Councilman who voted in favor of Downtown hotel project files appeal with Coastal Commission, then pulls it

The developers of a proposed 30-story Downtown Long Beach hotel were thrown a curveball this week when a City Council member appealed the project to the California Coastal Commission before abruptly pulling it early Thursday.

Councilman Roberto Uranga, who also serves on the Coastal Commission, signed onto an appeal late last month challenging some of the aspects of the proposed hotel, including how it affects pedestrian access to the coast, the cost to stay at the hotel and how the hotel’s valet parking would impact access to a public park.

The appeal was also signed by Coastal Commission Chair Steve Padilla.

Celina Luna, Uranga’s chief of staff, originally declined to comment on the appeal because it was still active and said that the appeal could be heard as soon as May. A few hours later, a Coastal Commission spokesperson confirmed the appeal had been pulled.

Uranga said in a text message that he still wants more “affordable visitor serving accommodations,” but said the project would provide thousands of high paying construction and hospitality jobs, “both industries which have suffered the brunt of the economic impacts of the pandemic.

“Long Beach has the largest number of affordable coastal accommodations in the urban Southern California region and I will work with my colleagues to ensure that we continue to make this a priority.”

The City Council had previously approved a tax sharing agreement in 2016 and 2017 as well as other parameters for the hotel once it opened, including it having a unionized workforce, its housekeepers having access to panic buttons and even a request that a local restaurant be recruited to operate a location at the hotel if the operators used a third-party purveyor.

The tax-sharing agreement was meant to make the project economically feasible as the developers said a nearly $50 million funding gap existed.

While the project was always touted as a four-star development, no members of the council, including Uranga, objected to what it might cost to stay at the luxury hotel.

Part of the appeal filed by Uranga pointed to the shrinking share of economy-priced rooms along the state’s coast and their replacements being luxury hotel rooms.

The commission has used in-lieu fees to mitigate this affect by requiring developers to pay millions of dollars in some cases to offset the construction of luxury buildings. In February, the commission considered requiring a boutique hotel developer to pay in-lieu fees equaling 25% of the project’s total units at $100,000 per unit.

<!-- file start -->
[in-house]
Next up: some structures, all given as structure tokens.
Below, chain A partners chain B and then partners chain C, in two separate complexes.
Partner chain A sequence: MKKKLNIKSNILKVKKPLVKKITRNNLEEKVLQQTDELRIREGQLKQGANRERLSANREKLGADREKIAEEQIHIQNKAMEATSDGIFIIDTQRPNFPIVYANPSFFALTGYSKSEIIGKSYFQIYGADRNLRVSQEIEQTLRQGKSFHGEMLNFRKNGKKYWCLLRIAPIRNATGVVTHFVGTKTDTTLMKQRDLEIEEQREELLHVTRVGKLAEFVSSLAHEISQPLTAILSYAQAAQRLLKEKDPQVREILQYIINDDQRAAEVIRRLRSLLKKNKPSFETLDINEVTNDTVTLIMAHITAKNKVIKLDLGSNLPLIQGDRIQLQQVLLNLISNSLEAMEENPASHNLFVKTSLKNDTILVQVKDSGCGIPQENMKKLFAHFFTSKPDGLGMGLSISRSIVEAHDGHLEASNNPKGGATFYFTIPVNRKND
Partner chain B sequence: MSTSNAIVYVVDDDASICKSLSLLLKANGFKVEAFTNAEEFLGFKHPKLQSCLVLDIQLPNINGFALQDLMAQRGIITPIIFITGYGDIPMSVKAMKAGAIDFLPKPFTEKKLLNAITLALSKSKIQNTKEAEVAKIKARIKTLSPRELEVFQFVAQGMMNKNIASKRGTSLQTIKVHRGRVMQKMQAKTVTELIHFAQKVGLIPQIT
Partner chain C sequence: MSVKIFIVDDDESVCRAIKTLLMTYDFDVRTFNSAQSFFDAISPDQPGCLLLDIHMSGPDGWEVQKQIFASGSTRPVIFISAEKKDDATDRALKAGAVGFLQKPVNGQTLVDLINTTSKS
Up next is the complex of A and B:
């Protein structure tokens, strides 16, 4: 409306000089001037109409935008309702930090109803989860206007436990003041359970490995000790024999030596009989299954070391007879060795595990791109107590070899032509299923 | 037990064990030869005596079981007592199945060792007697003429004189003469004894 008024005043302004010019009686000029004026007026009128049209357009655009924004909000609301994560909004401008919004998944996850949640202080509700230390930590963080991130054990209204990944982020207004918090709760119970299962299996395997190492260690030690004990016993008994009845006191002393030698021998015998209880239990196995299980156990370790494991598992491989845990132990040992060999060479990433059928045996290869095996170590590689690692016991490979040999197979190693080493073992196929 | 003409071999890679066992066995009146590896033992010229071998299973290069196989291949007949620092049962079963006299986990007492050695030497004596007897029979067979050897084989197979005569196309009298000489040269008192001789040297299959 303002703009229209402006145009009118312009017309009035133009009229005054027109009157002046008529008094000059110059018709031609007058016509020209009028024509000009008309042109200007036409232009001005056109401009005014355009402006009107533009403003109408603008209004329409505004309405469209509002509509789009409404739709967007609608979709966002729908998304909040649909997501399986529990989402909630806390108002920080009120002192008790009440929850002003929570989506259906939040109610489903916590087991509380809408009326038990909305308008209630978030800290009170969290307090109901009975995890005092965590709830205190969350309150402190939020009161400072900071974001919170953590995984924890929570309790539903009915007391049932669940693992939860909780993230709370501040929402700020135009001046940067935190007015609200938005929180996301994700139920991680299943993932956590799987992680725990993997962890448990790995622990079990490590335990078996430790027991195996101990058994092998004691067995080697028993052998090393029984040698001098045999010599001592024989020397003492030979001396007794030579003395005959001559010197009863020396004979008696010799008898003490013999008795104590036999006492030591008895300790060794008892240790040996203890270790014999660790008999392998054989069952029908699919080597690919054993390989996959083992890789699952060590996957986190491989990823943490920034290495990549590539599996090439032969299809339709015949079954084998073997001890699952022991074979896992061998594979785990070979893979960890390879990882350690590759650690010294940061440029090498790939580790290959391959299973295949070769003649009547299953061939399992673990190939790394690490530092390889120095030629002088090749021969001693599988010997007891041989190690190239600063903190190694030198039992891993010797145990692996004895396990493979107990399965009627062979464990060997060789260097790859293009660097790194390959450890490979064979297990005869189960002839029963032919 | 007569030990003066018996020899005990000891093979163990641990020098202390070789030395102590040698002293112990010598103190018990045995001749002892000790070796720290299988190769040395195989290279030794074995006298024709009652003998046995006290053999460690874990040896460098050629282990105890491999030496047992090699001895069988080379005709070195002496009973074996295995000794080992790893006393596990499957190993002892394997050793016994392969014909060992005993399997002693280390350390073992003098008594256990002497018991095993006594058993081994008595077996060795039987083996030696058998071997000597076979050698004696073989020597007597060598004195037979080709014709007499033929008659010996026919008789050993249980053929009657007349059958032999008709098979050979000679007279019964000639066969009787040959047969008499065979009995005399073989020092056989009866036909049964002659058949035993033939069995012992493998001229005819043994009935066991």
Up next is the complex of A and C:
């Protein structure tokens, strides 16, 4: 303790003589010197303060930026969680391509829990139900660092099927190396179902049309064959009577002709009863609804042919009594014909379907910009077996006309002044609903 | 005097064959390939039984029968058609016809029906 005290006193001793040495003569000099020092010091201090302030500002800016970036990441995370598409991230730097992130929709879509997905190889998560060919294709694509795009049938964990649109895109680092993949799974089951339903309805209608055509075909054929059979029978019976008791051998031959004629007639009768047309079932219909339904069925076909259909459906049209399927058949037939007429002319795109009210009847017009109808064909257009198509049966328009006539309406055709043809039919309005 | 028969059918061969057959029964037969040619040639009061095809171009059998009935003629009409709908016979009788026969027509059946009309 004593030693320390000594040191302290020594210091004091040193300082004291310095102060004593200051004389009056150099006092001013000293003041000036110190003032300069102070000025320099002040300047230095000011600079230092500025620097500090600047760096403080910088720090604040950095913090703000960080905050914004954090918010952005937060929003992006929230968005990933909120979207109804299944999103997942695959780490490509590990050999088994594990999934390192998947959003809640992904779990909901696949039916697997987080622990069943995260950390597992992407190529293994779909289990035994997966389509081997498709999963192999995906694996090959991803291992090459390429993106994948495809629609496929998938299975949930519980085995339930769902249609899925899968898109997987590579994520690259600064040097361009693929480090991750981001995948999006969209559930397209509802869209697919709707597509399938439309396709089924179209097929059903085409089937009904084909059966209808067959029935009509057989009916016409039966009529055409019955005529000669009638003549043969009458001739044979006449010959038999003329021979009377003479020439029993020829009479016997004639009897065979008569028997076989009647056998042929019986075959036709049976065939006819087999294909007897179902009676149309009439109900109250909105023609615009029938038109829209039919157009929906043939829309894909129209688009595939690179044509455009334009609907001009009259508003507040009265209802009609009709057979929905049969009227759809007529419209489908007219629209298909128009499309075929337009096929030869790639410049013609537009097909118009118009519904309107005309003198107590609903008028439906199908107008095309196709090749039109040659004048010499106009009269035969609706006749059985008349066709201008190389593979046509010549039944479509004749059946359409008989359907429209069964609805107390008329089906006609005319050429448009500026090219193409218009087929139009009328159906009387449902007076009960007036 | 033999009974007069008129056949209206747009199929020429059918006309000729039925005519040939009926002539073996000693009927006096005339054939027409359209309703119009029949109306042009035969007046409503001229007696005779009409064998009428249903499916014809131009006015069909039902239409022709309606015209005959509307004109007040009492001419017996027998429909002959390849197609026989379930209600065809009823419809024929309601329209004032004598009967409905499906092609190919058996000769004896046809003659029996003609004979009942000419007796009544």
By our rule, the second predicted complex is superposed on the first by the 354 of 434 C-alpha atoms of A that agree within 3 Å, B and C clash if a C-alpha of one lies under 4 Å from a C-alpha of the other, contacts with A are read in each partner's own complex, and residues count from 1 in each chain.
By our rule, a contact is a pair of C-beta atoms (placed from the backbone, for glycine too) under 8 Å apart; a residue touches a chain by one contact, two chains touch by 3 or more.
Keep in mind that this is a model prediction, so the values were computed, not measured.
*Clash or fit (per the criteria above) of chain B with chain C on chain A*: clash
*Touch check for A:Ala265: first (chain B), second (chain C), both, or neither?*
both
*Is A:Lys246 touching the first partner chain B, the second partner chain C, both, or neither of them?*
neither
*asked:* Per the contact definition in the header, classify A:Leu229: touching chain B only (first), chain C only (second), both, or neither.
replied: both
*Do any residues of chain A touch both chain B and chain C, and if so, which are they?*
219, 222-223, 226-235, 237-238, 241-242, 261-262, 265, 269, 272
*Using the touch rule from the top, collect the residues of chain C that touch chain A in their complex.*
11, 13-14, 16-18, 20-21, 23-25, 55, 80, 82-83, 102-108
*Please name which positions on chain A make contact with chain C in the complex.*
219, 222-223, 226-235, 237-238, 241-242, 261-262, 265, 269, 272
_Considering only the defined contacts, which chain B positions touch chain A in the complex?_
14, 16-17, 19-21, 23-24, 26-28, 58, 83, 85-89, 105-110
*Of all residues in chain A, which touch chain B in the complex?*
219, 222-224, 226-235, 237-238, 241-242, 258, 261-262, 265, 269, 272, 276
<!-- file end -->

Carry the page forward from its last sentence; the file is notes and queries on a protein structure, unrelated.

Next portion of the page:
If a similar approach was taken with the American Life project, it could add over $10.7 million to the cost of construction for the rooms alone.

The appeal also sought in-lieu fees for a pedestrian bridge to cross Pine Avenue as well widening of existing pedestrian walkways.

American Life president Greg Steinhauer said that he was in disbelief that Uranga would file an appeal against the project when he had previously voted to award American Life the RFP for the land and voted unanimously with the council to move the project forward in 2016.

“I don’t know what’s going on with that,” Steinhauer said, adding that an appeal at the Coastal Commission would not help the project.

The appeal by Uranga came less than a month after Steinhauer’s team received a lifeline from the Long Beach Planning Commission when it granted American Life a three-year window for it to break ground on the project. Without it, Steinhauer said the project would have died.

The vote by the Planning Commission in March appears to be one of the last obstacles outside of financing the project that’s expected to cost over $200 million. City officials said Thursday that because the project is consistent with city zoning laws, the Planning Commission is the decision-maker on the project, not the City Council.

Jeremy Harris, president and CEO of the Long Beach Area Chamber of Commerce, said that the bureaucratic environment of the state is part of why it’s hard for developers to make deals that pencil out.

Harris said the tourism and convention sector of the local economy is likely to be one of the last to fully come back online so he’s excited that the vacant lot at the corner of Pine Avenue and Ocean Boulevard looks like it will finally be activated.

“I think it’s going to be a big win for Long Beach and our local economy,” Harris said.

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Jason Ruiz covers City Hall and politics for the Long Beach Post.
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